Glyphosate No Longer Part Of Proposition 65

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A judge in the U.S. District Court for the Eastern District of California ruled that the label warning requirement for glyphosate under California’s Proposition 65 is unfounded. Therefore, Bayer is not required to include a cancer warning on products containing the herbicide. This follows the judge’s preliminary ruling in 2018 and is permanent and final.

Judge William B. Shubb wrote “…the statement that glyphosate is ‘known to the state of California to cause cancer’ is misleading.” He went further to say, “Every regulator of which the court is aware with the sole exception of the IARC, has found that glyphosate does not cause cancer or that there is insufficient evidence to show that it does.”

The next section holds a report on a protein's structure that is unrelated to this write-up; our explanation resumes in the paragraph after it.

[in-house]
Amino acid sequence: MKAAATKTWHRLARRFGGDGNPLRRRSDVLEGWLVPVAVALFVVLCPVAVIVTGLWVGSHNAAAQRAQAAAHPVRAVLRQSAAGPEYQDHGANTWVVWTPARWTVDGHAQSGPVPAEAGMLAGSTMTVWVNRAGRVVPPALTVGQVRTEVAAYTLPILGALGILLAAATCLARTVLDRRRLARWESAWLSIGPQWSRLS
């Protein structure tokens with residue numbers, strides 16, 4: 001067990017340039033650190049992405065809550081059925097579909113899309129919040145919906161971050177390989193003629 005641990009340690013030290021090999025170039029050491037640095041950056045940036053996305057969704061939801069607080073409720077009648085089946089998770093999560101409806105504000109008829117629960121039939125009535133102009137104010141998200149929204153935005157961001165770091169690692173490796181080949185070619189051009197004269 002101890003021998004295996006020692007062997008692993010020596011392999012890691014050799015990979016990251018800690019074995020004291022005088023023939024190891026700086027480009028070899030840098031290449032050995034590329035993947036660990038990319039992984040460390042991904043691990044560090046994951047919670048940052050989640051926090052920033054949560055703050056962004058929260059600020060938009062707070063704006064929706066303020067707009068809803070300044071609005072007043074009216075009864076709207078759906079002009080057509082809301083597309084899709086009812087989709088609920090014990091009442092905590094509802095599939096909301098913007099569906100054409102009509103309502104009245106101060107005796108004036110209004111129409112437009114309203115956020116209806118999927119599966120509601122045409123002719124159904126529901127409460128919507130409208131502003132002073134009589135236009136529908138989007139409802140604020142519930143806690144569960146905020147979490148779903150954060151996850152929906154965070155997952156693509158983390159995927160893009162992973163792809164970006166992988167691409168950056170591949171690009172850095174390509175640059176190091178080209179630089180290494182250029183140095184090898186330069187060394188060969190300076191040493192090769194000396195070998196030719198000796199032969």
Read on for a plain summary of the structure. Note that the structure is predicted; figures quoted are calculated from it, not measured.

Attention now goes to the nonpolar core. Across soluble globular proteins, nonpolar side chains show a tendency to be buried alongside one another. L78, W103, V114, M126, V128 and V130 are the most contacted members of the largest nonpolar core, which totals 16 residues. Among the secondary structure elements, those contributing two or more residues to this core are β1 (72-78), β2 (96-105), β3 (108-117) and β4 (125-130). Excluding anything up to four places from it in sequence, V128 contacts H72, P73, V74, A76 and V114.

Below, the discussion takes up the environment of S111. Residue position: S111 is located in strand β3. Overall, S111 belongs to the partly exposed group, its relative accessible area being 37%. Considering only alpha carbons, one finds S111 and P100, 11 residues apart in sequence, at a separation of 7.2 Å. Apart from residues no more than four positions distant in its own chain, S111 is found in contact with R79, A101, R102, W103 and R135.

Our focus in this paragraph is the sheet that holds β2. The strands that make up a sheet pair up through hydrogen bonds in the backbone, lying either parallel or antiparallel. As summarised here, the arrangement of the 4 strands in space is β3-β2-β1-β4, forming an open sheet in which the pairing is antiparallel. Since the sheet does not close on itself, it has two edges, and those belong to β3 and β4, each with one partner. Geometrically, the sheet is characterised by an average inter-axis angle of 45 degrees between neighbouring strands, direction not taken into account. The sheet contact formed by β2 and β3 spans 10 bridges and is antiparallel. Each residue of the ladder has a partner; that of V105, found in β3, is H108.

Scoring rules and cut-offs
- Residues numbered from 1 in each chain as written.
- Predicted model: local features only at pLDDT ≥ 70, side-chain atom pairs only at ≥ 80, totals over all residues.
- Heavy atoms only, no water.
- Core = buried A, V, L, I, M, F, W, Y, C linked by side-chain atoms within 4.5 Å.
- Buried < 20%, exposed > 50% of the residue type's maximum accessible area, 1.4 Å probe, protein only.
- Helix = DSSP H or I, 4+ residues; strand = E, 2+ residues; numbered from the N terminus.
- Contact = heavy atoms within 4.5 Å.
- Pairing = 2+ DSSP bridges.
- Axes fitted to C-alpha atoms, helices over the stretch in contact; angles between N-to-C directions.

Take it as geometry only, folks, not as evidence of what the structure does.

Judge Shubb further noted that the First Amendment prohibits California from requiring a warning label for products containing glyphosate.

California required a cancer warning to appear on all products containing glyphosate by July 2018. This label could have potentially applied to certain food products, and some commodity processors, such as flourmills, had begun asking farmers to test wheat for the presence of glyphosate.

In 2019, EPA issued a statement to registrants that labels naming glyphosate as a known carcinogen will not be approved. The action is directly aimed at neutralizing California’s inclusion of glyphosate under Proposition 65, which lists substances ‘probably carcinogenic to humans’ as classified by the International Agency for Research on Cancer (IARC).

EPA conducted an independent evaluation of IARC’s claim that is considered to be more extensive and includes a more relevant data set (than IARC’s evaluation). EPA concluded glyphosate to be ‘not likely carcinogenic to humans,’ a stance consistent with other international regulatory agencies.

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